This is part four of a four-part series on conflict in the workplace. Part one dealt with bullying, part two covered intergenerational conflicts among nurses, and part three focused on interdisciplinary conflict.
One of the recurring themes in the American Sentinel healthcare blog is that nurses can and should build leadership skills at every stage of their careers.
Here’s something to consider: leadership and resolving conflict go hand-in-hand. According to various surveys and estimates, nursing managers spend between 25 and 40 percent of their time dealing with conflict. Doesn’t it make sense that your organization would actively seek out and promote those individuals that demonstrate the ability to address conflict in productive ways?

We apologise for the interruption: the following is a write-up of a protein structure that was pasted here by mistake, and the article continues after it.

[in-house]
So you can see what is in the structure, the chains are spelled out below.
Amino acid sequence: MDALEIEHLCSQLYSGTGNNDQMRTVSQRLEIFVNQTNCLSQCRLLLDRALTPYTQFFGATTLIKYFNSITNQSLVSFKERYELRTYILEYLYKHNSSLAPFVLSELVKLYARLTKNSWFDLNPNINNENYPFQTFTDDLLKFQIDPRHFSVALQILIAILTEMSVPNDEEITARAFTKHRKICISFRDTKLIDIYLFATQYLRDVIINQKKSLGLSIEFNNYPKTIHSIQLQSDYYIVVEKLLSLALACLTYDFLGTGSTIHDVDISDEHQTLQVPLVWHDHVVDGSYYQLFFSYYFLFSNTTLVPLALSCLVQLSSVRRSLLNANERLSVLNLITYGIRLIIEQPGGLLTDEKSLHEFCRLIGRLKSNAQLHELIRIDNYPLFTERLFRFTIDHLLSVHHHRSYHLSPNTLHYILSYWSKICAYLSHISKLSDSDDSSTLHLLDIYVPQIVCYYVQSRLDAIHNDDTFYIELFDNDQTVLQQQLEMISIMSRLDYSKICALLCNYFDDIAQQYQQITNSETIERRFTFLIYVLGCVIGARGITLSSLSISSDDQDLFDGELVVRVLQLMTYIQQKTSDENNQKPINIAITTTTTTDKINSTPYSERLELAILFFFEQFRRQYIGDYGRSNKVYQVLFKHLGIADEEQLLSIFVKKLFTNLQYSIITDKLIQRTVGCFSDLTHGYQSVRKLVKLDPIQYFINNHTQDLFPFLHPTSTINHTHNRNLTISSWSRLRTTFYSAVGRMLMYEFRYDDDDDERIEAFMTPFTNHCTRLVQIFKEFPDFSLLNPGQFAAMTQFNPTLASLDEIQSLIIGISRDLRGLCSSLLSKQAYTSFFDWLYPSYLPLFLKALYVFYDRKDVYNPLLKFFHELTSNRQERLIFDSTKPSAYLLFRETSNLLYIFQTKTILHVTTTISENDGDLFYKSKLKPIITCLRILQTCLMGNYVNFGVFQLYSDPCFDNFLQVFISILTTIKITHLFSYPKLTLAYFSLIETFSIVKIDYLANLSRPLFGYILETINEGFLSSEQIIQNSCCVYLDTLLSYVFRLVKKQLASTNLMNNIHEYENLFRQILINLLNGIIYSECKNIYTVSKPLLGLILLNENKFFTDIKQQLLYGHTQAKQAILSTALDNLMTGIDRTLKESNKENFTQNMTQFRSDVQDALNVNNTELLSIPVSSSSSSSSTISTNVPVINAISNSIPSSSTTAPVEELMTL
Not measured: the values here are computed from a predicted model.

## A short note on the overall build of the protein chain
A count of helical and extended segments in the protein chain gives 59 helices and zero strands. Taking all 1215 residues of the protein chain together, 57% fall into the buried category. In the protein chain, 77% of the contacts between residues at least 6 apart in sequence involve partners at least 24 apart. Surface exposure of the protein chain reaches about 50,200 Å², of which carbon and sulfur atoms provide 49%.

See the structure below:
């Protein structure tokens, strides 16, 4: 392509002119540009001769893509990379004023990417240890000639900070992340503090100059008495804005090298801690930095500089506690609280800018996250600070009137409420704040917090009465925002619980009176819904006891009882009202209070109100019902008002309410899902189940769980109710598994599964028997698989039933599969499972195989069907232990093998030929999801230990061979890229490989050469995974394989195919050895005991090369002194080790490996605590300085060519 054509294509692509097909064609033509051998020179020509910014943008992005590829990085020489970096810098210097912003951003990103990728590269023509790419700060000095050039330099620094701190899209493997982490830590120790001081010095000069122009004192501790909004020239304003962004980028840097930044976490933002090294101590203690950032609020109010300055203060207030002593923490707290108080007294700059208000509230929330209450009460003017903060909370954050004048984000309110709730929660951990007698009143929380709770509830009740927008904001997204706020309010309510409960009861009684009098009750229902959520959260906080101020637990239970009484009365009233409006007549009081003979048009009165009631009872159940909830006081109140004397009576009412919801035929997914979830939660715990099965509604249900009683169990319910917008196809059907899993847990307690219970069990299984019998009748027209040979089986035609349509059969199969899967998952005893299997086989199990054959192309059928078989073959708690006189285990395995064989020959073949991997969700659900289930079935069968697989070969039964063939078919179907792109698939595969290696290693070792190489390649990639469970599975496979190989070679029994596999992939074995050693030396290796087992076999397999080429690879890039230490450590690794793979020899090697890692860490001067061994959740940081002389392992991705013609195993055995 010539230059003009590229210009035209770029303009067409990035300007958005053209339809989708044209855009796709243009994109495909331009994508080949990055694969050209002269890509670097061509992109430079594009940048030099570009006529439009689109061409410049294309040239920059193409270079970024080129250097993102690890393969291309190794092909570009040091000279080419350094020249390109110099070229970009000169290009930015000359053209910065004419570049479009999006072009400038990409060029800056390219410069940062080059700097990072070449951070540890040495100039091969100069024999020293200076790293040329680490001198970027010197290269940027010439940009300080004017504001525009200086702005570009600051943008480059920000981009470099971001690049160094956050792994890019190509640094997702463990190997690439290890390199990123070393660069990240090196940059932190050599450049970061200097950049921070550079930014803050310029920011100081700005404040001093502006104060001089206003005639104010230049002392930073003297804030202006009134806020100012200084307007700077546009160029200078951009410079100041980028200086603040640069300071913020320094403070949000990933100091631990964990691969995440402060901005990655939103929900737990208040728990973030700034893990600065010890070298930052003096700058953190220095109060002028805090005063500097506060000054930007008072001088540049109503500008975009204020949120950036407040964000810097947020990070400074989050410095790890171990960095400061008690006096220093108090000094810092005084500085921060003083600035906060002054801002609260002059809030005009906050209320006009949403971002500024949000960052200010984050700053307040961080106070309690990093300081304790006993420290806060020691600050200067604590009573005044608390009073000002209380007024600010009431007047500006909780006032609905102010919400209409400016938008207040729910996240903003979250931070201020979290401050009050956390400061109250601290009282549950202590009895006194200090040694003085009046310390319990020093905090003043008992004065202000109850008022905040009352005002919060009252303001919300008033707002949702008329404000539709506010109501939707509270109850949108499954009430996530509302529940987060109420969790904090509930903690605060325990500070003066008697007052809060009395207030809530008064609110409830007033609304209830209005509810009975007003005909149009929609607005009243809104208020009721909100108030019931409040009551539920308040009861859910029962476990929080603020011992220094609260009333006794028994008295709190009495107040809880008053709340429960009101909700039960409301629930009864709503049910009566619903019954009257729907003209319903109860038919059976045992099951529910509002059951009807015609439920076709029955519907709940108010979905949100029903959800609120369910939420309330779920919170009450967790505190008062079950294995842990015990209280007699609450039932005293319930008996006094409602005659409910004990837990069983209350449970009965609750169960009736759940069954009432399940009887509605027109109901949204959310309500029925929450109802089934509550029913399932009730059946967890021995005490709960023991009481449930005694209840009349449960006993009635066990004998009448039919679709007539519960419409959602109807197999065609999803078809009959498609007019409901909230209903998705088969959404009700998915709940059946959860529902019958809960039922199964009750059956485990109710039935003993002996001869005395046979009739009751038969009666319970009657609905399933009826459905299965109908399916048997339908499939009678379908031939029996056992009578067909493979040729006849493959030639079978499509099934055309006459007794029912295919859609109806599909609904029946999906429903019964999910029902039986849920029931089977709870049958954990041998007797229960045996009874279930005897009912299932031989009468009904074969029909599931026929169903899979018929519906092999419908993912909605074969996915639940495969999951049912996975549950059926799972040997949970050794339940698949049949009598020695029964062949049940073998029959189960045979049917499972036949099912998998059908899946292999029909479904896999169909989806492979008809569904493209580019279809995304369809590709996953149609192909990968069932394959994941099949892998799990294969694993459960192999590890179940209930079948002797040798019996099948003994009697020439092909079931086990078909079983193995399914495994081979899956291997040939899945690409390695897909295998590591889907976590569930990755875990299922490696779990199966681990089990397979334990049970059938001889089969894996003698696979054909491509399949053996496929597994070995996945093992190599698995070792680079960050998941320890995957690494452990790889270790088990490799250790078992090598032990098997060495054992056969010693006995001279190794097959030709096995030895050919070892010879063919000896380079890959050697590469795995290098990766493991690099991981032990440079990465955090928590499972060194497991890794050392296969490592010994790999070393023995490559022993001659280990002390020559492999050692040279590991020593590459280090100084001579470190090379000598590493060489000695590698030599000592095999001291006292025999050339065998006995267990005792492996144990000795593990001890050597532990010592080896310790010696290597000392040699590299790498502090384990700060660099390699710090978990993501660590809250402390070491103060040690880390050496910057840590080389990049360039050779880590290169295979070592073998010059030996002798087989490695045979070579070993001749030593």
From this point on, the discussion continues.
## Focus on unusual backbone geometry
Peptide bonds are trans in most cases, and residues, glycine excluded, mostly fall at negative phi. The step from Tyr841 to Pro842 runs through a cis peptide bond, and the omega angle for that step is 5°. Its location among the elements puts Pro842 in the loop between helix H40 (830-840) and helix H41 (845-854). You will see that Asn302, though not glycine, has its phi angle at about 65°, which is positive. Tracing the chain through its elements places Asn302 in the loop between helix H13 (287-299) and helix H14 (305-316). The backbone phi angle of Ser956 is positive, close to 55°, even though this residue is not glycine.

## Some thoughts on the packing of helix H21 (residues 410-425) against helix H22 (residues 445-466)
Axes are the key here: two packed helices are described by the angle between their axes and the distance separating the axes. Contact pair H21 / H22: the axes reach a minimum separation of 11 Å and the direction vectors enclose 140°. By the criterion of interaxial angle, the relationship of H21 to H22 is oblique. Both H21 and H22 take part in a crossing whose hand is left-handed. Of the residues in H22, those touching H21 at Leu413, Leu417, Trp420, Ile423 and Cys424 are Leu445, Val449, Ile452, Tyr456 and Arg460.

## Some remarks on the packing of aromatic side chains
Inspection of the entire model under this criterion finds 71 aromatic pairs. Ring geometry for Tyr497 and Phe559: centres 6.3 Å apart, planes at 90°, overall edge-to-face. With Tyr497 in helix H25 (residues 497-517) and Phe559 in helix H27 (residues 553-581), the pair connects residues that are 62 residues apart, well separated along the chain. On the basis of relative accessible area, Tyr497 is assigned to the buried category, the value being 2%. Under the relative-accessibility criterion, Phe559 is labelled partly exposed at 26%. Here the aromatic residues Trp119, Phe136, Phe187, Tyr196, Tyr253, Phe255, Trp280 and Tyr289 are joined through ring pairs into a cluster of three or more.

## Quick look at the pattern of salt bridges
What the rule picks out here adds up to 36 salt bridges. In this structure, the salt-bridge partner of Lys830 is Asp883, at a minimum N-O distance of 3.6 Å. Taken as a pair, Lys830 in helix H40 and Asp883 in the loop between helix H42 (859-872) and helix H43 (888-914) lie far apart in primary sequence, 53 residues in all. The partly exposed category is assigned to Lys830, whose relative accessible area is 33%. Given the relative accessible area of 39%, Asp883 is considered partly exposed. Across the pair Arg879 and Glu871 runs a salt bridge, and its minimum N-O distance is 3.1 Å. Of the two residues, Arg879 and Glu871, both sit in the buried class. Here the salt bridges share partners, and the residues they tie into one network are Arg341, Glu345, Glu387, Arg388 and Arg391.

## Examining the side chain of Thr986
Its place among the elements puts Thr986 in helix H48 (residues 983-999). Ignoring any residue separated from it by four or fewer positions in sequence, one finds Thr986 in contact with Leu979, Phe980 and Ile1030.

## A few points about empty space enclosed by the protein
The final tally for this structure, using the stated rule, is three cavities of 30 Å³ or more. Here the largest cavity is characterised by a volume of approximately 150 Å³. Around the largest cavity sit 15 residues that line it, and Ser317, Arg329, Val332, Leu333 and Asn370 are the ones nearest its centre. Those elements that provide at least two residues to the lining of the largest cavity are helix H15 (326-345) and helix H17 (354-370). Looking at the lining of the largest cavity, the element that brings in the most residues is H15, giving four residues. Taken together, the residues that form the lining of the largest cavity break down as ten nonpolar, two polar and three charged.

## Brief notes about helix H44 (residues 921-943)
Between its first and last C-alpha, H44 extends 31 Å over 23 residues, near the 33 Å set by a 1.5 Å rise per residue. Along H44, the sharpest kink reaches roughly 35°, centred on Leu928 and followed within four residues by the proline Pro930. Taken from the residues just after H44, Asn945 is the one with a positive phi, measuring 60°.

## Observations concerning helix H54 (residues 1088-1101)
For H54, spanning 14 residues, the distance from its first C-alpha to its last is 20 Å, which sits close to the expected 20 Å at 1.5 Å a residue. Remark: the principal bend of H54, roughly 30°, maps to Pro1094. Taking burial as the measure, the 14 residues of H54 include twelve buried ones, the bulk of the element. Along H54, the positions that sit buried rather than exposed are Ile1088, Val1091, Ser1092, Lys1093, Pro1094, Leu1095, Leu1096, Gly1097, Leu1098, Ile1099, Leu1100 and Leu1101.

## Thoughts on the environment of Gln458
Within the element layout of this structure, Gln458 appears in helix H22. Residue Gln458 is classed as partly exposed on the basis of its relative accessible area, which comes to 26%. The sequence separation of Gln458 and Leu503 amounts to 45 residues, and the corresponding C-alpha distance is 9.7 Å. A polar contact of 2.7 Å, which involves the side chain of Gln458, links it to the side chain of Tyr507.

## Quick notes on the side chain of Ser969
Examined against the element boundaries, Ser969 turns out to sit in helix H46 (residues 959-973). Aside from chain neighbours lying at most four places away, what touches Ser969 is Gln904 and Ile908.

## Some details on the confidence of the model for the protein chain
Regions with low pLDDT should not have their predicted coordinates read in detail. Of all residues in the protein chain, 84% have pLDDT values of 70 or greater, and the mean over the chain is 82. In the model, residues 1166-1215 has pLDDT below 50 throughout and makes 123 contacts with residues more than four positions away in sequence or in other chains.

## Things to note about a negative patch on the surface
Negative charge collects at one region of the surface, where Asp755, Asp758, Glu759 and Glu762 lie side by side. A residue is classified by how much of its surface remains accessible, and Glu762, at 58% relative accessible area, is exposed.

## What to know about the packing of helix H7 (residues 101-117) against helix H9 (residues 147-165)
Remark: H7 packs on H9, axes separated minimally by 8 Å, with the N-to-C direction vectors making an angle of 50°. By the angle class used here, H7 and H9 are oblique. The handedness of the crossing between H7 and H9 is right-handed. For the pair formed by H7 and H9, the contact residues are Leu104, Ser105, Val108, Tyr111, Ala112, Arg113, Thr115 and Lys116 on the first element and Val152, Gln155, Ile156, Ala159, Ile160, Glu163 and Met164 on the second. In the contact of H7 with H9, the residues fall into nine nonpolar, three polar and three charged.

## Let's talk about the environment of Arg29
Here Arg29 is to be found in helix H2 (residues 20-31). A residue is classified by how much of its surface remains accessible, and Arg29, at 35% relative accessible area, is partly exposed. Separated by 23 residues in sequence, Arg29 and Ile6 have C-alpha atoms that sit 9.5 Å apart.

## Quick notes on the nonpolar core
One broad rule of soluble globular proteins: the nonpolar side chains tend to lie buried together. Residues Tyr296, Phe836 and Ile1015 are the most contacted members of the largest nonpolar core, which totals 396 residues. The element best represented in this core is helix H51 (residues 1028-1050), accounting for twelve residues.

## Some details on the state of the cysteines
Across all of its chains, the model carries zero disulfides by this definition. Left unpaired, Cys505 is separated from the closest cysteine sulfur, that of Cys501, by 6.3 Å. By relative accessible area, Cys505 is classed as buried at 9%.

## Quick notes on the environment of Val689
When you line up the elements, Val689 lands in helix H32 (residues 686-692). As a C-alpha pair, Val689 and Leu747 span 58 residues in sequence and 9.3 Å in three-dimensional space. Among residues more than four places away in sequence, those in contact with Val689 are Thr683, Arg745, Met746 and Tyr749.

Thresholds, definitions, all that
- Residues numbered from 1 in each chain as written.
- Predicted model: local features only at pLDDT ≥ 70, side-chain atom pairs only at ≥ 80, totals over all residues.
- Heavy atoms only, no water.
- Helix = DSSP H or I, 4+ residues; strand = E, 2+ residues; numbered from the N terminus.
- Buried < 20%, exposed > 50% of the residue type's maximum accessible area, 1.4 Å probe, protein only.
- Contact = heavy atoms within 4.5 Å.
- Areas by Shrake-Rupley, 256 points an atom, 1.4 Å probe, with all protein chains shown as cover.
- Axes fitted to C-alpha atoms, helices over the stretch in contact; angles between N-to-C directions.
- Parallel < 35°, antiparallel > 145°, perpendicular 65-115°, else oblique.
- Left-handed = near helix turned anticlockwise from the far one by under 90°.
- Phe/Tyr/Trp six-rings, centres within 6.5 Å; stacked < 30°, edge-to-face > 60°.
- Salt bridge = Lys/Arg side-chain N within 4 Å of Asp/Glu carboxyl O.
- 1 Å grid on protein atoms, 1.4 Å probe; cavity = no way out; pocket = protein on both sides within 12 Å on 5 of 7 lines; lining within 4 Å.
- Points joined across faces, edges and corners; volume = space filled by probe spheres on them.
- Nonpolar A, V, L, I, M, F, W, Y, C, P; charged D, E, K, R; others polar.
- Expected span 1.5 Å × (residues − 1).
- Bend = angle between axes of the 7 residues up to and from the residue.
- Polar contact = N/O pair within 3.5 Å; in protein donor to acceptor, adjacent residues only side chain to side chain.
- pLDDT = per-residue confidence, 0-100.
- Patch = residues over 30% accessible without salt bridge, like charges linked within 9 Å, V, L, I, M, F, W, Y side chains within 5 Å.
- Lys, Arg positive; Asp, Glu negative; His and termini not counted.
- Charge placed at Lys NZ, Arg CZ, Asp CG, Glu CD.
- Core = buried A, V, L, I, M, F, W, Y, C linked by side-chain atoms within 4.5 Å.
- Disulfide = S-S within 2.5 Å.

Whether you’re a nurse manager or an advancement-minded staff nurse, one of the best career strategies you can employ is to become adept at managing and resolving conflict.
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